Recently I purchased a MacBook Pro, to replace a seven-year-old MacBook that had absolutely seen better days. While it’s true that this laptop has bigger teeth than the one that it was replacing, and more memory (which makes it a lot easier to listen to my 8600+ song music library) than I really know what to do with, making it a little more computer than I know how to handle. And while the technology may in a sense elude me, I have been able to integrate all of the programs that I’ve used in my writing: TextWrangler, Scrivener, and the old favorite Microsoft Word.

Almost as important as what you’re going to write, is where you’re going to write. You may not think that is as crucial as I’m making it out to be, but believe me. If you’ve set aside two hours to write, and you spend half of that trying to get comfortable, you’re going to defeat yourself before you even get started.

Panera Bread
PRO: Numerous electrical outlets and free Internet, not to mention free refills on soft drinks and coffee, and some of the best “fast” food in the Lehigh Valley. There is a very good chance that you will not be asked to leave, simply because by being there you’re actually buying their goods.
CON: Kids and families make a lot of noise — they might have even been the reason that you went to Panera in the first place.

Starbucks Coffee
PRO: Coffee. Coffee, and coffee-based drinks, and not-so-coffee-based drinks. The Internet is also free here.
CON: The tables are sparse, as are the electrical outlets. The music may be a little too loud for everyone’s taste, and may not be the kind of music that you even want to listen to.

Barnes and Noble
PRO: Books at your fingertips, so if you ever get stuck with a character or a plot, you can browse and see what’s already on the shelves. The Internet here is also free, and you can get almost anything that you would be able to get at Starbucks.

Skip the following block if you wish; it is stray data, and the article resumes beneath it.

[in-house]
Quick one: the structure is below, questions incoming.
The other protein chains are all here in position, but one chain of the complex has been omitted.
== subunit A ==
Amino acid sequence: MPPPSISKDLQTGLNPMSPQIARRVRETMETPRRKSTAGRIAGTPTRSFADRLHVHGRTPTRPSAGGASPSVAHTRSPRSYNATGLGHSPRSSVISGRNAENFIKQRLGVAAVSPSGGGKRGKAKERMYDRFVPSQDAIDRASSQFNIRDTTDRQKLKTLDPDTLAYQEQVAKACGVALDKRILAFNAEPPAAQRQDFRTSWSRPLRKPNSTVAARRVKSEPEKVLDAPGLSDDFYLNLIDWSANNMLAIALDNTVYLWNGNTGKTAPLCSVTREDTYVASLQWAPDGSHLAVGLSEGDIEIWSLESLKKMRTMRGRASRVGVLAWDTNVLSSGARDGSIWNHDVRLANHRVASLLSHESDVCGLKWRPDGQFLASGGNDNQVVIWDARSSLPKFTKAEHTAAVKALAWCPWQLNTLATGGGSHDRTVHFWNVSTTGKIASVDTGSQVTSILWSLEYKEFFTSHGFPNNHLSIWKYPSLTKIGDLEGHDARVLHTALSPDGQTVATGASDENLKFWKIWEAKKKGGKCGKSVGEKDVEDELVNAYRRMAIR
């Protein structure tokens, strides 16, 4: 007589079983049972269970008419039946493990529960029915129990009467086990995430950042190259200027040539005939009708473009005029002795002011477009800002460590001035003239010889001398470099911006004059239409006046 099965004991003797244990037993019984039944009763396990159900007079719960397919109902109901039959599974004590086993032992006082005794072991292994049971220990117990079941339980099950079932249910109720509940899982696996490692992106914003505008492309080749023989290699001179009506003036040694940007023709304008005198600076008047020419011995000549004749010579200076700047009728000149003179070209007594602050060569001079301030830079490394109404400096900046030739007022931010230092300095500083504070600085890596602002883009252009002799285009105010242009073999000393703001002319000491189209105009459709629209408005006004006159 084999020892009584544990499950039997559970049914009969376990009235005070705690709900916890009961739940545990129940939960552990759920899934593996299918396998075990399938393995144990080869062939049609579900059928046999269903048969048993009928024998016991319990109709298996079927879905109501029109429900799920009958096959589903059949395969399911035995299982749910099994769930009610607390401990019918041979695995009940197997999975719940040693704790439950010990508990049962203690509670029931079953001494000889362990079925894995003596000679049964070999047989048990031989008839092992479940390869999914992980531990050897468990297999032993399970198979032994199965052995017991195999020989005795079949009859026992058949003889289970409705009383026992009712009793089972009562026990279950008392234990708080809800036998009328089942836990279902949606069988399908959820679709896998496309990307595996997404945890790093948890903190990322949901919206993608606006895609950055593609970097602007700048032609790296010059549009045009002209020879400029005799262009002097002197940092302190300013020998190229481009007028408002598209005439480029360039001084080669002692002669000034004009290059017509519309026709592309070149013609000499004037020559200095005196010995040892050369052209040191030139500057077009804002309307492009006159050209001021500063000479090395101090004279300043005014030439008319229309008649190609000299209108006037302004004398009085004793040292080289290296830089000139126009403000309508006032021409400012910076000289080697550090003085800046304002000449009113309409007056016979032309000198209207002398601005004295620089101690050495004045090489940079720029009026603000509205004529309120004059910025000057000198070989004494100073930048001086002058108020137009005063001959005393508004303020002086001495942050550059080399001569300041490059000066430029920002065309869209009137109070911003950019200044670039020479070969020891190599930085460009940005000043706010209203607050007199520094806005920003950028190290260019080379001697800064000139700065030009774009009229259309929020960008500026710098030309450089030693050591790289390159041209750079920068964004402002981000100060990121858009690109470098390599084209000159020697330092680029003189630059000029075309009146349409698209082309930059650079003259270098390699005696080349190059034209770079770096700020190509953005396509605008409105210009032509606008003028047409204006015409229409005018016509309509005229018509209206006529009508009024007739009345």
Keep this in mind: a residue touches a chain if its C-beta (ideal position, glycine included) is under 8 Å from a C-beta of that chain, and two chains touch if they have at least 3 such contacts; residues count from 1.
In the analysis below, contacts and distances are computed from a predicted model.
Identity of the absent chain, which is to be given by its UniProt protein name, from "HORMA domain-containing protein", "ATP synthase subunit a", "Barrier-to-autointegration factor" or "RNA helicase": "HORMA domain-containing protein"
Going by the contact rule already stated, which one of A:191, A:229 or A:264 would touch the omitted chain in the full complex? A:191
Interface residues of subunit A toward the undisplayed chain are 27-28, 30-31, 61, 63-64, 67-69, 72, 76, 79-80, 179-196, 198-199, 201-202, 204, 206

CON: The tables are small and there are no outlets, so whatever power you’ve come is all that you have.

The Public Library
PRO: Same as Barnes and Noble, you have books by the ton at your disposal, more reference than anything. Most libraries have free Internet, and plugs scattered throughout the building so you can find more than one nook to take over as your own. Libraries also have computers of their own that, with a valid library card, you can use for a time.
CON: Moms who bring their kids to the library with them and let them run around like heathens. Libraries are historically supposed to be quiet, and some people do not adhere to this rule. Also, some libraries don’t allow outside food or drink, so bringing something to snack on could prove to be difficult.

Lehigh Valley Mall
PRO: I know this is going to sound weird, but stay with me. What better place can you go to people watch? Find a table, use the mall’s free Internet, and find yourself a character.
CON: It’s… the mall. There aren’t many places to sit that aren’t Barnes and Noble or Starbucks, and even then you often get the strangest looks if you pull out a laptop (or worse, pen and paper) in the middle of the mall.

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2 thoughts on “Where to Write

  1. I used to take this for granted, until I started having to carve out writing time from a VERY busy schedule. It never would have occurred to me to go to a bookstore to write, but I can see where having all those book at your disposal could do just the trick.

    Maybe I’ll drag my Camp NaNo project over to Hastings and see what happens. Thanks for the advice!

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